STARGAZERS: Stories of the first philosophers
by Paul Rossetti Bjarnason
A chapter-by-chapter outline of a book written for readers of all ages from young adults to seniors, beginners to advanced, for all those who want to know what philosophy is, or at least what it was in the beginning, and to join the quest for the secret of the flourishing life.
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Some preliminary thoughts concerning the nature of ancient philosophy.
Map of the ancient Graeco-Roman world
Babylon, c. 1400 BC
An account of the Babylonian New Year ritual, in which the greatest of gods, Marduk, wins the Tablets of Destiny and reasserts his authority over the cosmos and the world of man.
II The Jewel of Ionia
Miletus, c. 600 BC
A description of the hustle and bustle of this busy seaport brings to life the conditions which give rise to the unique thought of the first philosophers of the western world.
Miletus, c. 560 BC
Thales gazes at the stars while crossing a farmer’s field at night. His thoughts reveal why he will come to be recognized as the first philosopher of the western world.
IV Travels of the Soul
Croton, c. 510 BC
Pythagoras, who regards all beings as kin, winds his way though the crowded streets in search of one soul’s anguish. The revered Master of the Society of Pythagoreans is the supreme authority for some three hundred disciples, whose habits are as strange as they are secret.
V Gods of the Oxen
Syracuse, c. 500 BC
Singing about his travels and about the gods, the philosopher-minstrel Xenophanes astounds the philosophically uninitiated aristocratic guests at the villa where he has been given temporary refuge from his wanderings.
VI Fire and Flux
Ephesus, c. 490 BC
Heraclitus the Obscure commiserates with the one he trusts, explaining why one cannot step twice into the same river, as well as why he himself must leave the city of his birth.
VII The Gates of Night and Day
Elea, c. 480 BC
The world is not what common opinion holds it to be. Parmenides is taken on a journey by the Goddess of Justice, who reveals to him the Way of Truth.
VIII Arrows out of Time
Athens, c. 450 BC
Zeno, who is visiting Athens on behalf of the city of Elea, stuns his listeners (including Socrates) with his arguments on the impossibility of motion.
IX Of Love and Strife
Acragas, c. 445 BC
Empedocles of Acragas, philosopher, magician, healer, is followed by a crowd of seekers and worshippers as he wanders to the edge of the town. He stops to give soothing words to their eager ears, as only Empedocles can, for he himself is no longer a mere mortal.
X Mistress of Eloquence
Athens, c. 440 BC
Aspasia of Miletus, a courtesan-philosopher and all but officially Pericles’ wife, circulates among her guests as they all await the introduction of tonight’s speaker, who is their teacher and friend.
Continued from X — the same evening
Anaxagoras, who has brought philosophy to life at Athens, rises to speak and to explain how the ceaseless movement of the world began.
XII Man, the Measure
Athens, c. 430 BC
Protagoras the Sophist — who takes money in exchange for teaching philosophy — engages his pupil Euathlus in a spirited dialogue concerning the fee the latter has promised to pay on the occasion of his first victory at the law court.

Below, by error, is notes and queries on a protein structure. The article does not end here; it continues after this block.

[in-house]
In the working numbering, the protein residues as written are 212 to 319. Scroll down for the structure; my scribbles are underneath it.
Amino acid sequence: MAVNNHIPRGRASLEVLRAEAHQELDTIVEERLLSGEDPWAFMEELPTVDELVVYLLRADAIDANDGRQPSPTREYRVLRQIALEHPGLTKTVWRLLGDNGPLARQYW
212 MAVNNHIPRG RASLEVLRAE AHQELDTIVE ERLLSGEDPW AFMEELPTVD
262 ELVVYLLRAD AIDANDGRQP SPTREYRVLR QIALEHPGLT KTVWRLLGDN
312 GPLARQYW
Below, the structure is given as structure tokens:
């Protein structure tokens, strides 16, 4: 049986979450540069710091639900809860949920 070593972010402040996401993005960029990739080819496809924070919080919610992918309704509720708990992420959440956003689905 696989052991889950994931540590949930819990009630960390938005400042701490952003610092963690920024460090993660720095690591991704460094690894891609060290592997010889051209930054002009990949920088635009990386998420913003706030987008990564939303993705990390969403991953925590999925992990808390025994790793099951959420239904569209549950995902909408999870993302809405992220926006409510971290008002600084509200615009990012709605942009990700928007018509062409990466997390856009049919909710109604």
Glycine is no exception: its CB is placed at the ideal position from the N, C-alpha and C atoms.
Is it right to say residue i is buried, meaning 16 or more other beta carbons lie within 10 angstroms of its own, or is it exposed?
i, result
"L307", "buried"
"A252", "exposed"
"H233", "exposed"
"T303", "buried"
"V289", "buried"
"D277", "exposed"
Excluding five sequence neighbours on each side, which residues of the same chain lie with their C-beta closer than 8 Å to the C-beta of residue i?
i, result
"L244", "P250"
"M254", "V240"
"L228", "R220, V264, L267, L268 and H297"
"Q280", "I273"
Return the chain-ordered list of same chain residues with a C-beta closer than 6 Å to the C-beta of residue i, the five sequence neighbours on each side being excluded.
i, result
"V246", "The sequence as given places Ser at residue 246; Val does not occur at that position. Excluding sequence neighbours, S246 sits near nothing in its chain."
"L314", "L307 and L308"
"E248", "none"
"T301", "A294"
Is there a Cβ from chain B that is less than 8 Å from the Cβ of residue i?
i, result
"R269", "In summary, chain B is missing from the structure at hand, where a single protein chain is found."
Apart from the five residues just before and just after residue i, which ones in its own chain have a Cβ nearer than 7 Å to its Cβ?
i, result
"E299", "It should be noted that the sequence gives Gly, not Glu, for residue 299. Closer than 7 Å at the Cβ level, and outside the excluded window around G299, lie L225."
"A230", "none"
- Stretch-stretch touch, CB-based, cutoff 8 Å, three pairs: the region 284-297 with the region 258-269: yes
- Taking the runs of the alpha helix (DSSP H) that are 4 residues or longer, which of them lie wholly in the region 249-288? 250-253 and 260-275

XIII Sting of the Gadfly
Athens, 399 BC at the Court of Justice
Socrates, having been found guilty of impiety and of corrupting the youth of Athens, must counter his accuser Meletus’ proposal of the death penalty if he is to save himself from the hemlock.
XIV Atoms and the Void
Abdera, c. 370 BC
Democritus the materialist philosopher is an old man now. He thinks back on a long life and of how he came to know the ultimate constituents of the world, as well as the secret of living well.
XV The Republic
Athens, c. 360 BC
Plato takes his students, including the youthful Aristotle, on an intellectual journey through which they glimpse the higher world of ultimate reality and learn about the nature of the ideal city-state.
XVI Athens’ One Free Man
Athens, c. 340 BC
Diogenes the Cynic, who spends his days wandering the streets and porticoes of Athens, living on its outskirts in a large tub, meets a group of young men and responds to their criticisms of his unorthodox life and philosophy.
XVII Master of Those Who Know
Athens, c. 330 BC
Aristotle, philosopher and scientist, conducts a lecture at his school, the Lyceum. As he walks, he talks to his pupils about the secret of the golden mean and its relevance to living a good life.
XVIII Six Views of a Sceptic
Elis, c. 290 BC
The sceptics, no less than the Epicureans, seek tranquillity, and Pyrrho’s life is a continuous demonstration of how it can be attained.
XIX Death Is Nothing to Us
Athens, c. 270 BC
Epicurus, on the last day of his life, converses joyfully with friends, calling to mind the many pleasures they have shared together, revealing while doing so the true meaning of man’s telos, or goal in life.
XX Philosopher-Slave, Philosopher-King
The Emperor’s tent, on the eastern front of the Empire, c. AD 160
Marcus Aurelius, the Roman emperor, makes notes in his journal. We are privy to his thoughts as he extols the wisdom of the philosopher-slave Epictetus, his greatest teacher, and exhorts himself toward those actions which lead to the virtuous life and noble death.
XXI The One
Rome, c. AD 260
The Alexandrian mystic philosopher Plotinus sits at the desk in his study, writing his story of the trinity — the One, Intellect, and Soul — in which he revives the thought of Plato while contemplating the inevitable decay of the Empire.
A few conclusions from the stories of the philosophers of the ancient Graeco-Roman world.
An outline of the temporal relations among the philosophers: from 1500 B.C. (pre-philosophical thought) to the fall of the Roman Empire.
Notes and Further Reading
Some chapter notes, a short bibliography, and some suggestions for further reading.